EC curbs campaigning by Yogi, Mayawati, Maneka and Azam

India's Prime Minister Narendra Modi and India's Congress Party president Rahul Gandhi

The poll panel barred Yogi Adityanath from campaigning for 72 hours and Mayawati for 48 hours, starting from 6 am tomorrow.

The Supreme Court on Monday ticked off the Election Commission for being "toothless" in acting against politicians breaching the model code of conduct through hate speeches and appealing for votes in the name of religion and forced a chastised EC to impose a campaign ban on UP CM Yogi Adityanath, BSP chief Mayawati, Union minister Maneka Gandhi and SP leader Azam Khan.

A bench headed by Chief Justice Ranjan Gogoi summoned a representative of the EC for Tuesday while agreeing to examine the poll panel's contention that it has limited legal power to deal with hate speeches of politicians during electioneering. The Election Commission noted that it had already advised the chief minister to be more careful about his public statements on 5 April after his controversial speech that allegedly politicised the army action.

The EC may have to explain on Tuesday how it chose to take action when Mayawati and Adityanath had not filed reply to the notices.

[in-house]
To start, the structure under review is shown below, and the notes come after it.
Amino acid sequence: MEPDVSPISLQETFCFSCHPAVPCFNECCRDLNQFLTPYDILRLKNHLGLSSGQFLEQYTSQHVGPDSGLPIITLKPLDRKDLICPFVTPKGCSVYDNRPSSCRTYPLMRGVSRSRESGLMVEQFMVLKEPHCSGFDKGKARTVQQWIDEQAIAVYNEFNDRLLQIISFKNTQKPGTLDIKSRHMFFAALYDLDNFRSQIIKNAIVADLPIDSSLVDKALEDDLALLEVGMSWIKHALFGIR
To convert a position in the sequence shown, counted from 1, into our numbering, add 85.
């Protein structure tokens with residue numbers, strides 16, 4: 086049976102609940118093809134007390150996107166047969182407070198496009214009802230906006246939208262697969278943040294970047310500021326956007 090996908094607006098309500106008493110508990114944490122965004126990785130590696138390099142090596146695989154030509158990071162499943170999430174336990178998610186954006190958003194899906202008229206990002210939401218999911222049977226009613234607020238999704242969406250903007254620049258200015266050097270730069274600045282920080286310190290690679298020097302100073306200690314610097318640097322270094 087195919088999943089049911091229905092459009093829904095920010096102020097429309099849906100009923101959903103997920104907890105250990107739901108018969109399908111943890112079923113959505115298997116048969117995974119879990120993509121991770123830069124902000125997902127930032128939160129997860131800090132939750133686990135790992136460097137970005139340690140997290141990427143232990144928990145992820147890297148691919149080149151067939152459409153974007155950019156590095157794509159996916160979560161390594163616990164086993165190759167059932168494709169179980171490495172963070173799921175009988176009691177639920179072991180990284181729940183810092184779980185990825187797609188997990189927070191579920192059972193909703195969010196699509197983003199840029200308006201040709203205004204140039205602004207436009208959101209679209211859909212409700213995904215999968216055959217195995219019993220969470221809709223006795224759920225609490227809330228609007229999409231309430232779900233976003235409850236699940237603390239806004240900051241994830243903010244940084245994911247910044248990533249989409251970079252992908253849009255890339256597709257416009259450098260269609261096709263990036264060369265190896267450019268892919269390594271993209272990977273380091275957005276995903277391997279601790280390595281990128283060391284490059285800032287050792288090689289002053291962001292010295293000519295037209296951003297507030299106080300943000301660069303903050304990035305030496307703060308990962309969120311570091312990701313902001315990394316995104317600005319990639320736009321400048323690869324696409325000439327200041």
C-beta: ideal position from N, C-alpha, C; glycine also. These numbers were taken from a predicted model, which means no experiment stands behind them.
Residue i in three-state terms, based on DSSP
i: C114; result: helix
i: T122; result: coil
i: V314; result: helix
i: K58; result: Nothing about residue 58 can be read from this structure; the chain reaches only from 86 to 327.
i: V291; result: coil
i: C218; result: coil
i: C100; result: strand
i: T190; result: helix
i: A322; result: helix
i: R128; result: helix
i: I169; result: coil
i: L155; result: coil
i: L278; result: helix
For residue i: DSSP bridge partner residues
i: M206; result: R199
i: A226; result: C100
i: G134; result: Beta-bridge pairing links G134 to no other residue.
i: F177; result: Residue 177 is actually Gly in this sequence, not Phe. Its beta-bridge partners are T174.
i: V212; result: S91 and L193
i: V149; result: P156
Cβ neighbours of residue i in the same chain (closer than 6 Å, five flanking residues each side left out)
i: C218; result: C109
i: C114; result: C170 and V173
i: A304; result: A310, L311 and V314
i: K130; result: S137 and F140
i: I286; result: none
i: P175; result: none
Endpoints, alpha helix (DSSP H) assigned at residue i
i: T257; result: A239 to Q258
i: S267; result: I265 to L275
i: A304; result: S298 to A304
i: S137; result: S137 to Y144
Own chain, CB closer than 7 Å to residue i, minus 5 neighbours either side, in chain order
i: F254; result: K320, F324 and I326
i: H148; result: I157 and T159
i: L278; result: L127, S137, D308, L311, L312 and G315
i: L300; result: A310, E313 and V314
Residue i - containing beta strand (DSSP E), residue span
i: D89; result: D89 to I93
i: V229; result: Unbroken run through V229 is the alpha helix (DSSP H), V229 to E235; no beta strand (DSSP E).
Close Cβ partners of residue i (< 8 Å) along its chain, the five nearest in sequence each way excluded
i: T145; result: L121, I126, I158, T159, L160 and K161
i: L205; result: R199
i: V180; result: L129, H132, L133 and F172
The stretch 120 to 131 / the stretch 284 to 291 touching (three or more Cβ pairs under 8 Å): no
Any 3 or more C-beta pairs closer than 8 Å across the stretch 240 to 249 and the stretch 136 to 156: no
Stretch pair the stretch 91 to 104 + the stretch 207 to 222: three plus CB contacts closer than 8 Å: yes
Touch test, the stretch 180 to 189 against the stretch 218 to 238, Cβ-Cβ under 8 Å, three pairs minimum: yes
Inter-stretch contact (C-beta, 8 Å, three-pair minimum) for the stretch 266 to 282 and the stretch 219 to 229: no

The EC reprimanded Khan saying his "indecent", "derogatory and totally uncalled for" statement violated the model code of conduct and banned him from holding any public meetings, processions, rallies, road shows and interviews or public utterances in media in connection with the ongoing elections for 72 hours from 6 a.m. on Tuesday. "The hurried nature of the action shows that it was taken under pressure".

The court has also asked what action it could take against leaders in case of violation of the Model Code.

"This will be remembered as a Black Day in the history of the EC", she said at a press conference.

EC's counsel Amit Sharma informed the court that notices were issued to both Mayawati and Adityanath on April 11 but they had not filed their replies.

In his response to the notice, Adityanath said he made the apparently communal statement in retaliation to BSP chief Mayawati's appeal to Muslim voters in Deoband, which was also taken note of by the EC.

The commission, which has been criticised by political parties across the spectrum for either turning a blind eye to poll code violations or being too slow, issued the gag orders soon after.

The poll panel told Mayawati that being a senior leader, she should have "desisted" from making such comments that have the "undertone and propensity to polarise the elections" in several constituencies due to the reach of the media.



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